The distinction set forth in Section 311(b) embodies a view that documents, in contrast to physical samples of products allegedly on sale or use, will require little or no evidentiary foundation and testimony to show that they are prior art.  That view is sound as far as such widely-available items as patent applications (required to be published a certain amount of time after filing (within 18 months in the United States)); articles in industry journals; or textbooks.  But what about harder-to-locate items – such as technical reports in an online database, or copies of a PowerPoint accompanying an oral presentation at a conference – are they "publications"?  The answer is, it depends: "the touchstone of whether a reference constitutes a printed publication is public accessibility," meaning "whether interested members of the relevant public could locate the reference by reasonable diligence."  Weber, 2024 U.S. App. LEXIS 2905, at 9.

Certain consequences follow from "public accessibility" being the key, one of which is that the courts long ago stopped giving independent meaning to the statutory term "printed."  A manuscript or drawing done by hand, or an electronic file, is not excluded from consideration as a "printed" publication.  In re Wyer, 655 F.2d 221, 226 (C.C.P.A. 1981) (the word "printed" is now "somewhat redundant" in light of modern means of "document duplication, data, storage, and data-retrieval systems").  Nor is it necessary to prove that anyone has actually read the work, if it is deemed accessible.  A doctoral thesis gathering dust in a university library is a printed publication if accessible, e.g., suitably indexed and catalogued.  In re Hall, 781 F.2d 897, 899-900 (Fed. Cir. 1986).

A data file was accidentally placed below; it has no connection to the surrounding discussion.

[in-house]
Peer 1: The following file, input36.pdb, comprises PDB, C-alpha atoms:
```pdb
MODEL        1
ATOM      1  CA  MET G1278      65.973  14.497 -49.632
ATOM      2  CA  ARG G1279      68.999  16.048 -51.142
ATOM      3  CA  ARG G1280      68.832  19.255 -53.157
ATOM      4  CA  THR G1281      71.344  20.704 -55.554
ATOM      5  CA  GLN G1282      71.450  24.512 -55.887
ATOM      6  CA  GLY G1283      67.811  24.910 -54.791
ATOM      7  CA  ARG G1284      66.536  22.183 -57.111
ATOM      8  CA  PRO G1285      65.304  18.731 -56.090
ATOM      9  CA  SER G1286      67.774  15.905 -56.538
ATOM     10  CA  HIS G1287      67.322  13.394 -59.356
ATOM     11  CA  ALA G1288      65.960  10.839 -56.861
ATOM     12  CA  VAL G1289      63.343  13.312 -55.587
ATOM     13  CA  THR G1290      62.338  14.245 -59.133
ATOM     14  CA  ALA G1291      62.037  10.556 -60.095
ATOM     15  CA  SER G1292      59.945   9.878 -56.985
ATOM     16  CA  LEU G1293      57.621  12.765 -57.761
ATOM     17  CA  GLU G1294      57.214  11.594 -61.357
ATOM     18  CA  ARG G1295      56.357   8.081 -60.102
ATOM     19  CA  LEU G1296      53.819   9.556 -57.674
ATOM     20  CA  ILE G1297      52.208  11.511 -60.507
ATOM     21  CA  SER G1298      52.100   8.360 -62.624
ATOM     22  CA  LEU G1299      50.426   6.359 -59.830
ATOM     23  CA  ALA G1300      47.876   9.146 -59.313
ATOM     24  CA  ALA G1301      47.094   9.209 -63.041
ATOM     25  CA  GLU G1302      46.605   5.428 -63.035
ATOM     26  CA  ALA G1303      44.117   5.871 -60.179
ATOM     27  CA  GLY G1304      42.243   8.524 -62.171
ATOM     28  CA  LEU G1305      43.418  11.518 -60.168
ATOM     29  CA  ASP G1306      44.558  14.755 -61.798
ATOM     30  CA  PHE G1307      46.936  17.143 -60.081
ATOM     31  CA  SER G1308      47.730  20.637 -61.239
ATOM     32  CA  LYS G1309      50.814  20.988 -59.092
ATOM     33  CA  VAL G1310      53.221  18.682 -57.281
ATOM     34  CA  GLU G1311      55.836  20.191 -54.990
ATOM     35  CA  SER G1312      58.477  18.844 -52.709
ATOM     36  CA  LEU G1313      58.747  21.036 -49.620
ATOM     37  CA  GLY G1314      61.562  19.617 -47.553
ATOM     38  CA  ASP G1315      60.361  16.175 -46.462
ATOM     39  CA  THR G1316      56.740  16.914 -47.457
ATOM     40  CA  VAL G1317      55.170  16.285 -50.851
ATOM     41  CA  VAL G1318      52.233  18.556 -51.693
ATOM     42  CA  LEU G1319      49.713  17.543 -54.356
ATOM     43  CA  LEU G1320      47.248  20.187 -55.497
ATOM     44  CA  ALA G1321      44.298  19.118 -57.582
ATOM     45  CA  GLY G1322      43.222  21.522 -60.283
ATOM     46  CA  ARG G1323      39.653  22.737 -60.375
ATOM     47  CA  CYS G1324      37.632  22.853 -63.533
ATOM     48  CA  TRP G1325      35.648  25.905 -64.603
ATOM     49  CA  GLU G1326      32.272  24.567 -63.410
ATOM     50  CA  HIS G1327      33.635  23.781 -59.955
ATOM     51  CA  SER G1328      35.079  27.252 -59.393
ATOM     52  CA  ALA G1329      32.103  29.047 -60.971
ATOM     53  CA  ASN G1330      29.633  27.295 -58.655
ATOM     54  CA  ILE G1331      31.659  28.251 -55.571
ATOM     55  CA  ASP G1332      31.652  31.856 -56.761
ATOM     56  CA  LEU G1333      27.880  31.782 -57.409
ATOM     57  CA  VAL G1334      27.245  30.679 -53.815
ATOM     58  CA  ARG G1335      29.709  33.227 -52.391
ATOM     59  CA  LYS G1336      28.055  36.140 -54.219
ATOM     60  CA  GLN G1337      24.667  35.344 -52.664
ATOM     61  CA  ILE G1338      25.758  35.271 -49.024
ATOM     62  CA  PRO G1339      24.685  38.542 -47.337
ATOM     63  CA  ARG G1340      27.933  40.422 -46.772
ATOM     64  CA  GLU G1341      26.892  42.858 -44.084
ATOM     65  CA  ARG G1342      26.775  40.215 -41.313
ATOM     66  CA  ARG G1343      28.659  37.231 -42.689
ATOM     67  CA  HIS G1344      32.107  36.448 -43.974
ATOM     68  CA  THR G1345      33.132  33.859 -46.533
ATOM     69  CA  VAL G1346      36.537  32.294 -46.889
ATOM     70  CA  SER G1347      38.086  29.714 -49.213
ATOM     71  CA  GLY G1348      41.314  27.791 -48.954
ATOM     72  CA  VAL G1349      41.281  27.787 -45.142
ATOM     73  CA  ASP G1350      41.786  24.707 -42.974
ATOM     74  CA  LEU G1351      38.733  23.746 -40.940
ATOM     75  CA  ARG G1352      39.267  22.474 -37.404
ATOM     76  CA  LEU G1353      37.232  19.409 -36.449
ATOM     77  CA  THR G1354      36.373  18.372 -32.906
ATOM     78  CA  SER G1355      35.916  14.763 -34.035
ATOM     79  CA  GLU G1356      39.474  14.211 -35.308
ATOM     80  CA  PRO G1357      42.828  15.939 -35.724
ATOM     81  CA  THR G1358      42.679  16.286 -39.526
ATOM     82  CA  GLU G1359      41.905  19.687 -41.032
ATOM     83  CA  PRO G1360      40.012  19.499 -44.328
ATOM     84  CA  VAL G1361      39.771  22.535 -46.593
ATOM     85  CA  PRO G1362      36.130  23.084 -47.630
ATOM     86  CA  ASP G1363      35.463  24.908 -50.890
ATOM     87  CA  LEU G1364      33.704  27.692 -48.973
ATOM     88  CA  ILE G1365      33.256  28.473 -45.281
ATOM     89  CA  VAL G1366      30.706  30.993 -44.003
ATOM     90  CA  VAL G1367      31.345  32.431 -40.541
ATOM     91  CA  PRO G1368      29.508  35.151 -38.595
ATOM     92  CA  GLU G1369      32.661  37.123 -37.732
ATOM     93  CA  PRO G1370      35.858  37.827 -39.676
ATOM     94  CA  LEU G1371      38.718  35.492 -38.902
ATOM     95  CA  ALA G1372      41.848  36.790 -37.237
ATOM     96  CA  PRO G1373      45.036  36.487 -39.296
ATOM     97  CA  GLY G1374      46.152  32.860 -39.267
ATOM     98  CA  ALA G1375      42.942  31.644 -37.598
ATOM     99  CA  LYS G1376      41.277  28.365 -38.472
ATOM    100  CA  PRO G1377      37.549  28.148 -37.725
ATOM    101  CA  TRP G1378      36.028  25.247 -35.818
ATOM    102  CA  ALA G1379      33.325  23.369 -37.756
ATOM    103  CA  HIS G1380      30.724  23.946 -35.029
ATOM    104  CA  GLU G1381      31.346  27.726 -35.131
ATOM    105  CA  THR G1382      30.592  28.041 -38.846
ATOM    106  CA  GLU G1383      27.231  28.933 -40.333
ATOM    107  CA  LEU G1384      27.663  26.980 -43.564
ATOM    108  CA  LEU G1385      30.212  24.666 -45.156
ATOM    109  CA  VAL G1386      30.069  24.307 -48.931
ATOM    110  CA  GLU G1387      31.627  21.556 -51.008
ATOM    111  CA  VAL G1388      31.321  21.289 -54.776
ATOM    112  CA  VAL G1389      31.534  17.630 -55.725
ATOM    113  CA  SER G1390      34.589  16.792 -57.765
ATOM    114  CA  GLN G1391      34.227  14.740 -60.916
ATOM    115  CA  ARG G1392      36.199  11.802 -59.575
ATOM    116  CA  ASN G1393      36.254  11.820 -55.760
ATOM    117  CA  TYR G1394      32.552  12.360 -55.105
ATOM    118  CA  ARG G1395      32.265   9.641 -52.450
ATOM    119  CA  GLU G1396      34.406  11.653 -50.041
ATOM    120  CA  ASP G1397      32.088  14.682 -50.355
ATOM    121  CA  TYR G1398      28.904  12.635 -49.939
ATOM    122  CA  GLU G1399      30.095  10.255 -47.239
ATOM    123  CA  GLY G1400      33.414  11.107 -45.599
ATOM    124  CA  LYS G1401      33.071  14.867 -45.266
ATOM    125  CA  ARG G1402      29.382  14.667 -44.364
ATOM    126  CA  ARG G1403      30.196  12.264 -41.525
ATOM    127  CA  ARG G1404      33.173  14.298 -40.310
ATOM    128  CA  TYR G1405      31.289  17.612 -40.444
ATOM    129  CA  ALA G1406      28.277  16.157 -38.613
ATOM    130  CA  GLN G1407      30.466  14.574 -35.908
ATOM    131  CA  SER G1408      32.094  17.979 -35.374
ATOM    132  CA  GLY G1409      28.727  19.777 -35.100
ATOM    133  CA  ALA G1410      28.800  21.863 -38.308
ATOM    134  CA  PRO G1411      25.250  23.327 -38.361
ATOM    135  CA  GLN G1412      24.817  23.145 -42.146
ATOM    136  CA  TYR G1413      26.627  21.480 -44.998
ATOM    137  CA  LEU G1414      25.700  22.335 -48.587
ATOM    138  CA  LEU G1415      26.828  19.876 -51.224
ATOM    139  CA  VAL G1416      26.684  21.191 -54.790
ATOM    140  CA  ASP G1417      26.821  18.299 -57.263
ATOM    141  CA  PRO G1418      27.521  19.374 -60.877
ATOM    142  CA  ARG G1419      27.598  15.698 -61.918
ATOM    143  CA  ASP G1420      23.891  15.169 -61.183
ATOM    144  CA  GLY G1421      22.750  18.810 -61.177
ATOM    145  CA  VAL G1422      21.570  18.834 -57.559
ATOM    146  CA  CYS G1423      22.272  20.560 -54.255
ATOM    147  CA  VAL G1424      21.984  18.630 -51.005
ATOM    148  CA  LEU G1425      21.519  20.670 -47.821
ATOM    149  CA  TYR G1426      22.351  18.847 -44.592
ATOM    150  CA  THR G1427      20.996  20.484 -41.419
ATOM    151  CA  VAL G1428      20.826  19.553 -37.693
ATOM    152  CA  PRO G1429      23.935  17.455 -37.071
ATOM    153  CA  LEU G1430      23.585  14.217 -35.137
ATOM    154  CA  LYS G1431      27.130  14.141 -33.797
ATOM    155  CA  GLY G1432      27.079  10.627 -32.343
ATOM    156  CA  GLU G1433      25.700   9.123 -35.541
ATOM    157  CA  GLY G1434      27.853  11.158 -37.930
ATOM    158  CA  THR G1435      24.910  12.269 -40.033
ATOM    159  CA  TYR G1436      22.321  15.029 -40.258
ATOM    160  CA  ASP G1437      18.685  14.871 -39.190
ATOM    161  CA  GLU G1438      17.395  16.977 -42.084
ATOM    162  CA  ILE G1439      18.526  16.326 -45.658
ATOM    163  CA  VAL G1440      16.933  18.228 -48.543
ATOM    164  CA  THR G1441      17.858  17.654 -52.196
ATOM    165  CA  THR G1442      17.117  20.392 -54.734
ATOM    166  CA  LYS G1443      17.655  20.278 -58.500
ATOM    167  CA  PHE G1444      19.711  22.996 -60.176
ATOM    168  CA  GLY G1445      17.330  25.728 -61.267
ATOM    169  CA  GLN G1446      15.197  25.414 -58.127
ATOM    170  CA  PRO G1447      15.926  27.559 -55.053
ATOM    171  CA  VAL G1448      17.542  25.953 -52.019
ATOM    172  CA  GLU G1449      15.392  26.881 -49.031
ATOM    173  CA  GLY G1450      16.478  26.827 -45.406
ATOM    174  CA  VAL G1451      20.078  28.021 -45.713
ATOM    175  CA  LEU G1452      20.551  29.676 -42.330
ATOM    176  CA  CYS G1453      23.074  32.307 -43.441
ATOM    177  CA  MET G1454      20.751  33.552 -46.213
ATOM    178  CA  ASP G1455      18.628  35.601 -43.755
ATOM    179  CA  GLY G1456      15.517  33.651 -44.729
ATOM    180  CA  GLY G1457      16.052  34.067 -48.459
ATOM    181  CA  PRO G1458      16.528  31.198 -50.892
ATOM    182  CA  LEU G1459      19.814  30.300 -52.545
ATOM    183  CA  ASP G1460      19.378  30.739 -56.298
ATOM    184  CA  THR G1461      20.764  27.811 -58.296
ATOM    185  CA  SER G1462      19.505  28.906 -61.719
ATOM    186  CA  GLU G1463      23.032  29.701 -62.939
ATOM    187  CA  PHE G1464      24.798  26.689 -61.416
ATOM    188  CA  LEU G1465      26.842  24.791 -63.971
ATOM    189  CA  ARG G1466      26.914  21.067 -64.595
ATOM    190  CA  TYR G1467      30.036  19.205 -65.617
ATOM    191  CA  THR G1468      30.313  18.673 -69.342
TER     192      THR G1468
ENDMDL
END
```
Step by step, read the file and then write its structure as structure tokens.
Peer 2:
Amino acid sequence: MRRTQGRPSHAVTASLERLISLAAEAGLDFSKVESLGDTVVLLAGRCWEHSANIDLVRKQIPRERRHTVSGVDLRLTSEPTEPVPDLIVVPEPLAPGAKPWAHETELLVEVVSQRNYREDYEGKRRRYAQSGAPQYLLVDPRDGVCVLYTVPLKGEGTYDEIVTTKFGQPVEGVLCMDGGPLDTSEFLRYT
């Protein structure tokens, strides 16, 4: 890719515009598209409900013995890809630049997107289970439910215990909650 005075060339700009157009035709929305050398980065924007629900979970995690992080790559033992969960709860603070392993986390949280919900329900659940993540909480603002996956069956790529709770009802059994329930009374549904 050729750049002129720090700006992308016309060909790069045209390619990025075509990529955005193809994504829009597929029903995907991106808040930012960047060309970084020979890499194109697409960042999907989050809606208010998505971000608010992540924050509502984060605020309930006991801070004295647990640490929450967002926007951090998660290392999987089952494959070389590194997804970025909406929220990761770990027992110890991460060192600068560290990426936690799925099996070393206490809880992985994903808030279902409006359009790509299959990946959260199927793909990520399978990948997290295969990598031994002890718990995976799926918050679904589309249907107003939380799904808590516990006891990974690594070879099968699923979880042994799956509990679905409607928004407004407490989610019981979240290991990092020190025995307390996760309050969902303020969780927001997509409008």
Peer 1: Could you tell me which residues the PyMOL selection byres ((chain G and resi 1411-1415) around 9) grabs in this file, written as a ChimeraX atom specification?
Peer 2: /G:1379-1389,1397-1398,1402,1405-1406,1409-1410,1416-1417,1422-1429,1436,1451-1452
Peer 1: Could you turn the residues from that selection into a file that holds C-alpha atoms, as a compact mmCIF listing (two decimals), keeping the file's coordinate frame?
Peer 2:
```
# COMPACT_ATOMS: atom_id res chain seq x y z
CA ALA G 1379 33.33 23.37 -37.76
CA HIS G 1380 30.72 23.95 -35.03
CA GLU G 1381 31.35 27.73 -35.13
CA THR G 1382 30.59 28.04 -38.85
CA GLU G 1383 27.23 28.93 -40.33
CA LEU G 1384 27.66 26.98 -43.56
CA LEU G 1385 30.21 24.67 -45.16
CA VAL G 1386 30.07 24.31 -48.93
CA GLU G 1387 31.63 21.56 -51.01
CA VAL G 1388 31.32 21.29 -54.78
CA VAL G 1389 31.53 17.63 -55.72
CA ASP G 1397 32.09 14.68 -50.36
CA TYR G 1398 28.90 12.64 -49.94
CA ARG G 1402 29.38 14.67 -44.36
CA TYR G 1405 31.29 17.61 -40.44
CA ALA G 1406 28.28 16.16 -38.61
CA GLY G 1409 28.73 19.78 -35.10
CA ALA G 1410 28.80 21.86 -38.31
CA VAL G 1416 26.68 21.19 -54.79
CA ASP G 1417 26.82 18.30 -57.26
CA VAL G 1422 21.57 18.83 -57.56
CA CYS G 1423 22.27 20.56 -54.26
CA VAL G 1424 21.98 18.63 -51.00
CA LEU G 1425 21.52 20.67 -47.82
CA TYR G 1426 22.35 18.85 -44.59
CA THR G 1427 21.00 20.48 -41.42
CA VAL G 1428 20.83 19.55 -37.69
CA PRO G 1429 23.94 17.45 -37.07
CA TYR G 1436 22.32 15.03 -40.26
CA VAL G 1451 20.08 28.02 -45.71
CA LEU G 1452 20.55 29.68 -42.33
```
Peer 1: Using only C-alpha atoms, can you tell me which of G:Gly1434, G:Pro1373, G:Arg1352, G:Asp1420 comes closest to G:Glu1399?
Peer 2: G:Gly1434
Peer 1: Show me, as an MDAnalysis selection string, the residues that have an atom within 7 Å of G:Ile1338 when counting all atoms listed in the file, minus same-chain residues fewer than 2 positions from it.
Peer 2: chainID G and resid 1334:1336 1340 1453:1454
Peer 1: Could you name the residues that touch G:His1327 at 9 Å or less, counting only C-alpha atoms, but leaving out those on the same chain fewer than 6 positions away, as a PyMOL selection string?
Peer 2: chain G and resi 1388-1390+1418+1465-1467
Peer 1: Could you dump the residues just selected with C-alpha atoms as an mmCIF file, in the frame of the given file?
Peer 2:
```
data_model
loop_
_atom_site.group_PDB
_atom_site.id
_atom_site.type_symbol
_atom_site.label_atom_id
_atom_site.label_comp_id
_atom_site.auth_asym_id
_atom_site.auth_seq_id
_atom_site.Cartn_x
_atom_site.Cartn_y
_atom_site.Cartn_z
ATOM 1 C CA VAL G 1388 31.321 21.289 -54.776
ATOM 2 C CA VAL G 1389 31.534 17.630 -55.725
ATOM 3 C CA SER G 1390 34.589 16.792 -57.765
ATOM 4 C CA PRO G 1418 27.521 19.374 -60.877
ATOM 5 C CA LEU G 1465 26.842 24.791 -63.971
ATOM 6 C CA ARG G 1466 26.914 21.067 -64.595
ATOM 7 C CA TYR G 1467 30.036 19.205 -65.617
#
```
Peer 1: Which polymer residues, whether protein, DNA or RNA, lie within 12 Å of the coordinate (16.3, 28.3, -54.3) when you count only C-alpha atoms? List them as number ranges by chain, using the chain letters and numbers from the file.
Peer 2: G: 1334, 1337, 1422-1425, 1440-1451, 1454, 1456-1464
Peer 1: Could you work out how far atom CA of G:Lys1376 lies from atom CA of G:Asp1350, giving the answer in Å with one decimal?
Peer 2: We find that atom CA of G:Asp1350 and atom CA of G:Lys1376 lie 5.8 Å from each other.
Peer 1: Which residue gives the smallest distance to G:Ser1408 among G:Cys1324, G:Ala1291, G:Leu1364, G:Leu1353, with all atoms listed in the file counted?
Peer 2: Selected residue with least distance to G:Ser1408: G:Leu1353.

In Weber, the issue was the public accessibility of operating manuals of the petitioner (Weber, Inc.) for commercial food slicing products, which Weber wanted to cite as prior art in an IPR challenge to patents for "high-speed mechanical slicers used in food-processing plants to slice and package food articles, such as meats and cheeses." 2024 U.S. App. LEXIS 2905, at 2.  The evidence showed that the manuals may have been distributed to as few as ten customers.  Id. at 10 n.5.  The manuals also contained a copyright notice, and they were subject to alleged confidentiality restrictions in Weber's "terms and conditions" for customers.  Id. at 6-7.